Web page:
Maio 27, 2011, 9:08am

#21 - YAY!!!!

#22 - Me? LOL Well, hopefully we can reanimate the threads once Morphy get's into it.

Maio 27, 2011, 10:32am

#23 - "re-animate". *snerk*

I picked up a copy at the DC meet up for 75ers. I think I'll start it next. Be back with comments soon...

Editado: Maio 27, 2011, 2:45pm

I finished this up a few days ago and have been mulling it over. More and more, I think the Lacks do deserve some kind of compensation for use of Henrietta's and their own cells. There are examples of numerous arrangements where one party provides the work that goes into research and and development, and another party provides a necessary resource, the resource being money or mineral rights or what have you. But without that needed resource no work could be done in the first place. And the party providing the resource is compensated for in some way, whether upfront or down the road as a portion of the profits. I don't see how this is any different for the Lacks, except that they didn't know they were providing the resource in the beginning. What saddens me is that they can't afford the health care that Hela cells helped to advance. Surely the pharmaceutical and biotech companies that are profiting from Hela cells can afford to help with that? I don't think that is unreasonable to ask for.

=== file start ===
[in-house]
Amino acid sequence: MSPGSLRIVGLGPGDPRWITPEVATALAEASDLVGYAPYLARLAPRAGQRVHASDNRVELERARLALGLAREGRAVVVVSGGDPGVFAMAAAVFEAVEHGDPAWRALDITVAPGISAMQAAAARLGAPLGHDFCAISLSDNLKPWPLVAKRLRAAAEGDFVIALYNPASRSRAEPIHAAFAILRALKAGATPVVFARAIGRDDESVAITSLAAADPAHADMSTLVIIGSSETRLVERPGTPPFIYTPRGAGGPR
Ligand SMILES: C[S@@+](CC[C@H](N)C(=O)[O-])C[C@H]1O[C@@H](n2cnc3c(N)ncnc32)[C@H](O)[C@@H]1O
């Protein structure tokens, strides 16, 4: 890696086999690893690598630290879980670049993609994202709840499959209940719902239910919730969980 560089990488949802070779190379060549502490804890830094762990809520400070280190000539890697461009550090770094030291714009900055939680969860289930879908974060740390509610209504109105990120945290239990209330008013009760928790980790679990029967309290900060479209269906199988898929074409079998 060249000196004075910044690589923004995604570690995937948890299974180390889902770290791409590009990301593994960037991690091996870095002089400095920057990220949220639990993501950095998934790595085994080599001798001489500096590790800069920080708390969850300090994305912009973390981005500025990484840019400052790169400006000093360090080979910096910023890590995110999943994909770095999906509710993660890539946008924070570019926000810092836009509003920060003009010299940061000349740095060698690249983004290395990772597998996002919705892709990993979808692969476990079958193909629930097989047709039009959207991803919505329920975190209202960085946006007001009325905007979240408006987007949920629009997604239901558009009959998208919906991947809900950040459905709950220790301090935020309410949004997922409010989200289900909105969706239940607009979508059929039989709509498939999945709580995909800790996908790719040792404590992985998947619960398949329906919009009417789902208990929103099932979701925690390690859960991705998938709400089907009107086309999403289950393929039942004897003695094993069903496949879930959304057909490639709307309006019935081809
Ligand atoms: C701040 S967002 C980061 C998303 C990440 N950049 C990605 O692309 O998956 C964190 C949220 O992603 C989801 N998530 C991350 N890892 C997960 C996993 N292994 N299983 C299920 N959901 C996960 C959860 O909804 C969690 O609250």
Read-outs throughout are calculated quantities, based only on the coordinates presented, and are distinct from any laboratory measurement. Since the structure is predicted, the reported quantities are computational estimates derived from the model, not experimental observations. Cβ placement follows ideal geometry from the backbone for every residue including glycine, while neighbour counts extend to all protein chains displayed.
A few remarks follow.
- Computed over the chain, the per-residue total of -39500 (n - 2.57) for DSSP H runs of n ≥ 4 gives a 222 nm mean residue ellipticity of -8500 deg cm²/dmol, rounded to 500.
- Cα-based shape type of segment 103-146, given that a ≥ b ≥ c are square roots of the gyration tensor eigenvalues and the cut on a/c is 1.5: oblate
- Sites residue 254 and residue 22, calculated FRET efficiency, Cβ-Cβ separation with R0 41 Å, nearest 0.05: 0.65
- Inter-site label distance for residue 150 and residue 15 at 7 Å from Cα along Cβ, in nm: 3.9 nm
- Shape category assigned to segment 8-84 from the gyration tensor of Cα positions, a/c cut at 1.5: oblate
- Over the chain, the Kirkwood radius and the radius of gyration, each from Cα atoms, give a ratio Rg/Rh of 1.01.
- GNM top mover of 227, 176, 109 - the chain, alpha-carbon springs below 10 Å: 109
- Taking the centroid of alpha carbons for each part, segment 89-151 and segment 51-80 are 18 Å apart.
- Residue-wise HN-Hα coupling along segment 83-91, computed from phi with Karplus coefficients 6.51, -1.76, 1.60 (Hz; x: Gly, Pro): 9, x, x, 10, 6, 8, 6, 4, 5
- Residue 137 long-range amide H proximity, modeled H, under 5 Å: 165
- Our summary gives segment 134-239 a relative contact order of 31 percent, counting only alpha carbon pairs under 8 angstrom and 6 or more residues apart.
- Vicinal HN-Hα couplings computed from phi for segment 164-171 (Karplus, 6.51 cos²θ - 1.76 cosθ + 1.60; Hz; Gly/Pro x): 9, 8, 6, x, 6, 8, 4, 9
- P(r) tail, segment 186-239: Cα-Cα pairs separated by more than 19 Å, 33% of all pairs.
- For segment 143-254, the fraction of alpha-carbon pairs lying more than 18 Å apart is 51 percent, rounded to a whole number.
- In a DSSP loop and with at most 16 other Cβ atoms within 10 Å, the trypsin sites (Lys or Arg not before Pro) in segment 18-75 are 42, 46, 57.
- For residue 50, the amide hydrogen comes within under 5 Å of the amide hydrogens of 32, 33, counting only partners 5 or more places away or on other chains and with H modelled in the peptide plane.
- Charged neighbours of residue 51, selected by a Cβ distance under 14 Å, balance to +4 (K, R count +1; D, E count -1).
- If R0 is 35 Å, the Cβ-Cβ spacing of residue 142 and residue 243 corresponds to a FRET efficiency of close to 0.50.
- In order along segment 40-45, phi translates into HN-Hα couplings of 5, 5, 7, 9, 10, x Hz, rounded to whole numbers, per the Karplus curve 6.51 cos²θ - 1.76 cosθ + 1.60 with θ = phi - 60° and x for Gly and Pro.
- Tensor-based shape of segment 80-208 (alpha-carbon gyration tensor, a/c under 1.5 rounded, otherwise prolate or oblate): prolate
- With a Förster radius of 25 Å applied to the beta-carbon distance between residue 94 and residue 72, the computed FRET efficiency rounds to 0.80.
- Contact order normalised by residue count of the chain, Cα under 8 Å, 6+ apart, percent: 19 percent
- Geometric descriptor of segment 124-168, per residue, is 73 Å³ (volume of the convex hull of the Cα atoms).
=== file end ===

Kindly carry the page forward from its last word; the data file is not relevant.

I thought there could have been more science in the book, I had several questions left unanswered (like how you can take the results from tests done on abnormal cancer cells and apply them to normal cells or cells with different diseases) but some of these were answered on Skloot's website's FAQs page. Overall, I liked the book and learning the story of the people behind Hela. I think Skloot's did a good thing putting faces to an object (Hela) that tends to be taken for granted.

It does scare me how many people believe the research is more important than the rights and thoughts and welfare of the people they claim to want to help. Like the extreme case of the doctor who, as recently as the 90s!!, was injecting patients and volunteers with cancerous cells without telling them, or if he did tell them, without fully explaining the risks. I do think the research is iimportant but I don't that means we need to run roughshod over others to get results.